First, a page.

Ensemble Theater: A Chicago Tradition

Over the past three decades, Chicago has received wide acclaim for the quality of its theater. The city boasts five regional Tony Awards for excellence in theater—for Steppenwolf Theatre (1985), Goodman Theatre (1992), Victory Gardens (2001), Chicago Shakespeare Company (2008), and Signature Theatre (2009). This is a glamorous distinction to be sure, but a large measure of Chicago’s success can be traced back to the city’s gritty can-do philosophy, a vital part of making theater here. This is the city that works—and its endlessly resourceful theater community reflects that ethic. If you ask fans to describe the Chicago style of acting, you’ll likely hear words like gutsy, raw, honest, and totally committed. And chances are it won’t be too long before you hear another word: ensemble.

Loosely defined, ensemble theater is an approach to acting that aims for a unified effect achieved by all members of a cast working together on behalf of the play, rather than emphasizing individual performances. The goal is to create a seamless, living world on the stage. To accomplish this unity, actors often band together to form their own ensemble companies, a practice that gives them the freedom to perform together and hone their skills in multiple shows—often over a period of many years. Beginning in the mid-1970s, theater practitioners began to trend away from the cluster of large downtown venues to create small theater companies all over the city. Many of these new companies took up residence in converted storefront buildings with cheap rent, which gave them the freedom to take creative risks and produce any kind of theater they liked. The storefront theater movement, as it has become known, was—and continues to be—a significant part of this city’s ensemble theater scene. The best-known and most decorated of Chicago’s ensemble theaters is Steppenwolf Theatre Company. Founded in 1976 by nine young actors, it has in the intervening years grown to a multifaceted 42-member ensemble that includes actors, directors, filmmakers, and writers. Many Steppenwolf members work all over the world in theater, film, and television, but they remain deeply committed to the company that has nurtured them throughout the years. In the early days, Steppenwolf’s explosive ensemble acting style ignited hit shows such as Sam Shepard’s True West and Lanford Wilson’s Balm in Gilead. More recently, the family drama August: Osage County won the company multiple Tony Awards as well as a Pulitzer Prize for its author, ensemble member Tracy Letts. With three performance spaces, a thriving professional theater school, and a highly regarded Steppenwolf for Young Adults program, Steppenwolf continues to break new artistic ground while never losing sight of the ensemble ethic that brought the company together in the first place.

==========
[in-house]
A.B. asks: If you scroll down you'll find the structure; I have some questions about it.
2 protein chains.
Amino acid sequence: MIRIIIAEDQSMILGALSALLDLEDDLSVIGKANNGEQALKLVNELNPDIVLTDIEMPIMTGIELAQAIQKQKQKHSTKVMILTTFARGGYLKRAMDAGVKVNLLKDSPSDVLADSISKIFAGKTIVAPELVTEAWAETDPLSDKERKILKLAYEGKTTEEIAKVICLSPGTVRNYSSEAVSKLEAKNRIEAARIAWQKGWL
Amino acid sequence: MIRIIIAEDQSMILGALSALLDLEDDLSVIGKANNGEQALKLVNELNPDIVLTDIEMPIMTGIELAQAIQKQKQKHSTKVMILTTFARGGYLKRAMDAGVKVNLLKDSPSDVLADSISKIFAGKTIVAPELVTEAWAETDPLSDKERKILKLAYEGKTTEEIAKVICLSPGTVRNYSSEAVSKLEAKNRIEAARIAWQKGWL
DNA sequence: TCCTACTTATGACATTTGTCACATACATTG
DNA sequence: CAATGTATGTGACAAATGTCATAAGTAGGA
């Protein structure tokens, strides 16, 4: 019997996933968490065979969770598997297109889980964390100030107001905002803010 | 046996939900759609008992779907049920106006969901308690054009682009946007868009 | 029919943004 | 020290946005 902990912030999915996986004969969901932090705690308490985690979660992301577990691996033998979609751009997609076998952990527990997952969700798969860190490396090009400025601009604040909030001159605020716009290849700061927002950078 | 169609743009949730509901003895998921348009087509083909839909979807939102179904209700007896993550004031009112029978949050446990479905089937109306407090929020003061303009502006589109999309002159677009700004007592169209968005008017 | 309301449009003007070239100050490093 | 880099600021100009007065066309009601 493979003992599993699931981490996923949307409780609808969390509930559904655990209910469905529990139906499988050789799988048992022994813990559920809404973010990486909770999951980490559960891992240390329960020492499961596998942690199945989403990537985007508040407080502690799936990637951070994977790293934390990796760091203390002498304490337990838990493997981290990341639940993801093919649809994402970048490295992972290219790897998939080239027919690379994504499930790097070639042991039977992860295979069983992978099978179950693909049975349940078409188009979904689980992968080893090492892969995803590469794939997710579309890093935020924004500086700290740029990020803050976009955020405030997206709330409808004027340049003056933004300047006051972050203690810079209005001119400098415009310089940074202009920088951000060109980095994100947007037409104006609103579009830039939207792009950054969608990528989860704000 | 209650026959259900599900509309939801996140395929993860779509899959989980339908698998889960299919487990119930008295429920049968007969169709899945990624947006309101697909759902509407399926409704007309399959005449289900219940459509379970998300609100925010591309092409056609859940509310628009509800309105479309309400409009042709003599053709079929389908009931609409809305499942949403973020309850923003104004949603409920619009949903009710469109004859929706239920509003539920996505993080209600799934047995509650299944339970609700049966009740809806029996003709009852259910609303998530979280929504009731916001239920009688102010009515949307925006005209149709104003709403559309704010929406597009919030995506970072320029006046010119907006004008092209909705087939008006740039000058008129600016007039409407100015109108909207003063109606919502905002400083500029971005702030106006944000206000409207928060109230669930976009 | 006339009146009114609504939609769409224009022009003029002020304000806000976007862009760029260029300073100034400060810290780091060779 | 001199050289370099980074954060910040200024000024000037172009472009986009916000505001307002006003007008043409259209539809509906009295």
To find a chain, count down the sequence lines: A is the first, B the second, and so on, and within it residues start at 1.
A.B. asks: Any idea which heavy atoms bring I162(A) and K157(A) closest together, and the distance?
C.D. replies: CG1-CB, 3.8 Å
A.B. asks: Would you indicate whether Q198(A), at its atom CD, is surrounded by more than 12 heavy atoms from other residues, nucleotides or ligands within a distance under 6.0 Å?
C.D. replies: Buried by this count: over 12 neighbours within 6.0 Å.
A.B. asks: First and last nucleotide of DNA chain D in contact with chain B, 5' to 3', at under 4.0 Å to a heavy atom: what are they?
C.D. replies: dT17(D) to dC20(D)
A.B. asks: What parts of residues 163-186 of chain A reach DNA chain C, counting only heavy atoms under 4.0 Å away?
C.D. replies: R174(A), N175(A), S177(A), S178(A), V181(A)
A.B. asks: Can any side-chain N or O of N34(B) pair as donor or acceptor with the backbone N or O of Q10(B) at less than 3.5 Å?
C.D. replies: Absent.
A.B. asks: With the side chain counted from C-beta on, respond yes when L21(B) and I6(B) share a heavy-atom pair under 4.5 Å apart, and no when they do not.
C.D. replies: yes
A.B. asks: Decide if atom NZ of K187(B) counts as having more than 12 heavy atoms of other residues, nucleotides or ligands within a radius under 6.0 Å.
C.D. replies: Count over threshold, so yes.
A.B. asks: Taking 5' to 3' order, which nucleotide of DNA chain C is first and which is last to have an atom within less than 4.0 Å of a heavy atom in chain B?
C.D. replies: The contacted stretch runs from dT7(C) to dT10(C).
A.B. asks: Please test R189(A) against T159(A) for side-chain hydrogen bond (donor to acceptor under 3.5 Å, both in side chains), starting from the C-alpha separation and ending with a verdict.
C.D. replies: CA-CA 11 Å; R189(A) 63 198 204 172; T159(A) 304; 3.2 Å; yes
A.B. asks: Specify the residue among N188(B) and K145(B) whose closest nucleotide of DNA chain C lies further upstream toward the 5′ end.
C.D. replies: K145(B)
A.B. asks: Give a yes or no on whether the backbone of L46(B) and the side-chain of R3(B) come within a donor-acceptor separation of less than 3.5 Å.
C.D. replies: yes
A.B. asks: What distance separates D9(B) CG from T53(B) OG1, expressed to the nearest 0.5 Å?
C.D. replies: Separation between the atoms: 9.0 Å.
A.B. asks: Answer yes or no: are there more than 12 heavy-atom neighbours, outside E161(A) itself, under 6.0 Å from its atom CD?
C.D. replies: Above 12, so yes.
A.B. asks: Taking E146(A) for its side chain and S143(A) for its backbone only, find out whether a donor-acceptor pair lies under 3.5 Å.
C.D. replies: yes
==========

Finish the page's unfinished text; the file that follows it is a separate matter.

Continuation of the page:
Congo Square Theatre Company’s reputation also rests squarely on the talents of its acting ensemble. Founded in 1999 with a mission to produce theatrical work born of the African Diaspora and other world cultures, Congo Square’s programming merges richly poetic plays with a visceral, no holds-barred acting style. The company quickly rose to prominence, developing a loyal fan base with the help of playwright August Wilson, a supporter from the theater’s inception. Over the years, Chicago audiences have been treated to acclaimed Congo Square presentations of Wilson’s plays The Piano Lesson, Seven Guitars, and Joe Turner’s Come and Gone. Before his death in 2005, Wilson requested that anyone wishing to make a donation in his name should give to one of four organizations—among these was Congo Square Theatre Company.